Topeka Legislators and county officials on Tuesday said Gov. Sam Brownback's veto of funding for an environmental program will come back to haunt the state.
"The decision to not fund LEPP (the Local Environmental Protection Program) is a penny-wise and pound-foolish decision," said state Sen. John Vratil, R-Leawood.
LEPP, which started in 1990, provided grants to local health departments to help enforce, inspect and monitor wastewater and water systems.
The relatively low-cost program — $750,000 in its final year out of an approximately $15 billion overall state budget — was touted as an effective partnership between state and local governments to protect drinking water.
Without LEPP, the state will see more health problems, increased lawsuits, non-compliance with federal environmental laws and skyrocketing local fees for putting in septic tanks and other systems, officials said.
State Sen. Carolyn McGinn, R-Sedgwick, and chair of the Legislative Budget Committee, described the elimination of the program as "short-term conservatism versus long-term conservatism." State Sen. Laura Kelly, D-Topeka, said the veto pushed costs down onto counties.
In his veto message earlier this year, Brownback said the program was never meant to be permanent. "The program was started in the early 1990s for the purpose of providing local governments with technical assistance and grant funds in order to establish environmental programs specifically suited for local priorities. Once the programs were established, the intent was to discontinue the state funding," he said.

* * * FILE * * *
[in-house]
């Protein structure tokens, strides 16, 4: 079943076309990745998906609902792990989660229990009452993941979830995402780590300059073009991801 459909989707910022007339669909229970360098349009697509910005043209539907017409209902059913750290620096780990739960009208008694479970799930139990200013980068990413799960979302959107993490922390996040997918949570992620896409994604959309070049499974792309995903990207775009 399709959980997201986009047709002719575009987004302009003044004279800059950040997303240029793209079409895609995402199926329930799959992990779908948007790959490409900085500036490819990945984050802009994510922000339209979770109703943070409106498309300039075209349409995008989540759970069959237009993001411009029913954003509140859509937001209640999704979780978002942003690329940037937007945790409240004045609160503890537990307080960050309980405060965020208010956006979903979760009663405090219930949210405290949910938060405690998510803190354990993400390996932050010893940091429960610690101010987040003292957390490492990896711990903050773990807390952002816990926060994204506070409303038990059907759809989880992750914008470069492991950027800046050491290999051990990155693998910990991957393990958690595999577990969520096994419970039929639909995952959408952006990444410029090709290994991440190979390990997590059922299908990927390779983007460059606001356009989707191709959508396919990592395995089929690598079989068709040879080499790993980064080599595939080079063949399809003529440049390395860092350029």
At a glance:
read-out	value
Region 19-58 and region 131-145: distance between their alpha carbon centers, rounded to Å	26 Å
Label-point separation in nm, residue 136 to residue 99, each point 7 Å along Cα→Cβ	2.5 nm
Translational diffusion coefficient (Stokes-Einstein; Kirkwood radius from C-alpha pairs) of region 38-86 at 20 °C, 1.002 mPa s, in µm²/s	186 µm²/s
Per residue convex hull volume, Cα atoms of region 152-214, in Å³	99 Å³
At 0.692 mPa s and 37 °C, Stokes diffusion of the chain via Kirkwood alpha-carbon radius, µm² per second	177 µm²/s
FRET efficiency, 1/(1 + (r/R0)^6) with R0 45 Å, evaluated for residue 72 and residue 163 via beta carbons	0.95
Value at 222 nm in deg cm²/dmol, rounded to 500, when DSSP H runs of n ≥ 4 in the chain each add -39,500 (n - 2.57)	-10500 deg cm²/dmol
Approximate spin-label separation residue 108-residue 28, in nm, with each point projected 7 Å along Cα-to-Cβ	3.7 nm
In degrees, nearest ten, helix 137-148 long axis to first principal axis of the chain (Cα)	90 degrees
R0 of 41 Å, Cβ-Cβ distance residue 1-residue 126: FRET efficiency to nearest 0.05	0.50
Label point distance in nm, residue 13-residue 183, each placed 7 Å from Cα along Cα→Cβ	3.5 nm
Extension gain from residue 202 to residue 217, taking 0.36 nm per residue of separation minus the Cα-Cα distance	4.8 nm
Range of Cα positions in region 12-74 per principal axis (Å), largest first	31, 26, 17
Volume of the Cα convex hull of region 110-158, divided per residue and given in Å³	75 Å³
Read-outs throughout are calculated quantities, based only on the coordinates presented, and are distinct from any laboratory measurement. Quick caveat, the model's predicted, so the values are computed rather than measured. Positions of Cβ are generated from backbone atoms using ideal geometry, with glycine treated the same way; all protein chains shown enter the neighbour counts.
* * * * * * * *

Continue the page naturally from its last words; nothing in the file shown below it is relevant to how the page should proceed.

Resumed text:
But local officials, appearing before the Legislative Budget Committee, said LEPP had been so successful, it made no sense to kill it.
Richard Ziesenis, environmental health director of the Lawrence-Douglas County Health Department, said the $41,000 the country received, helped officials make sure that water wells and septic tanks were properly installed.
"The homeowner is relying on our expertise," he said. Without state funding, Douglas County has had to increase fees and depend more on the county for funding. There are approximately 5,000 septic systems in Douglas County, and about 500 of those are cleaned each year, which means the disposal of 500,000 gallons of septic tank waste, Ziesenis said. "That has to be treated and disposed of in a proper way," he said.
Other counties are in the same position. For example, the fee to install a wastewater system in Reno County had to be increased from a $90 to $275 once LEPP funds disappeared.
Darcy Bayse, environmental health coordinator of Reno County, said the state should reinstate the program. "This money assists counties in being fully staffed, purchasing proper equipment and keeping fees low for the public," she said.
Legislators said they feared cash-strapped counties would start cutting corners on making up the lost revenue, and that could lead to environmental and health hazards.
Vratil said the Kansas Department of Health and Environment doesn't have the resources to enforce minimum standards statewide, leaving that to counties that now face increased costs.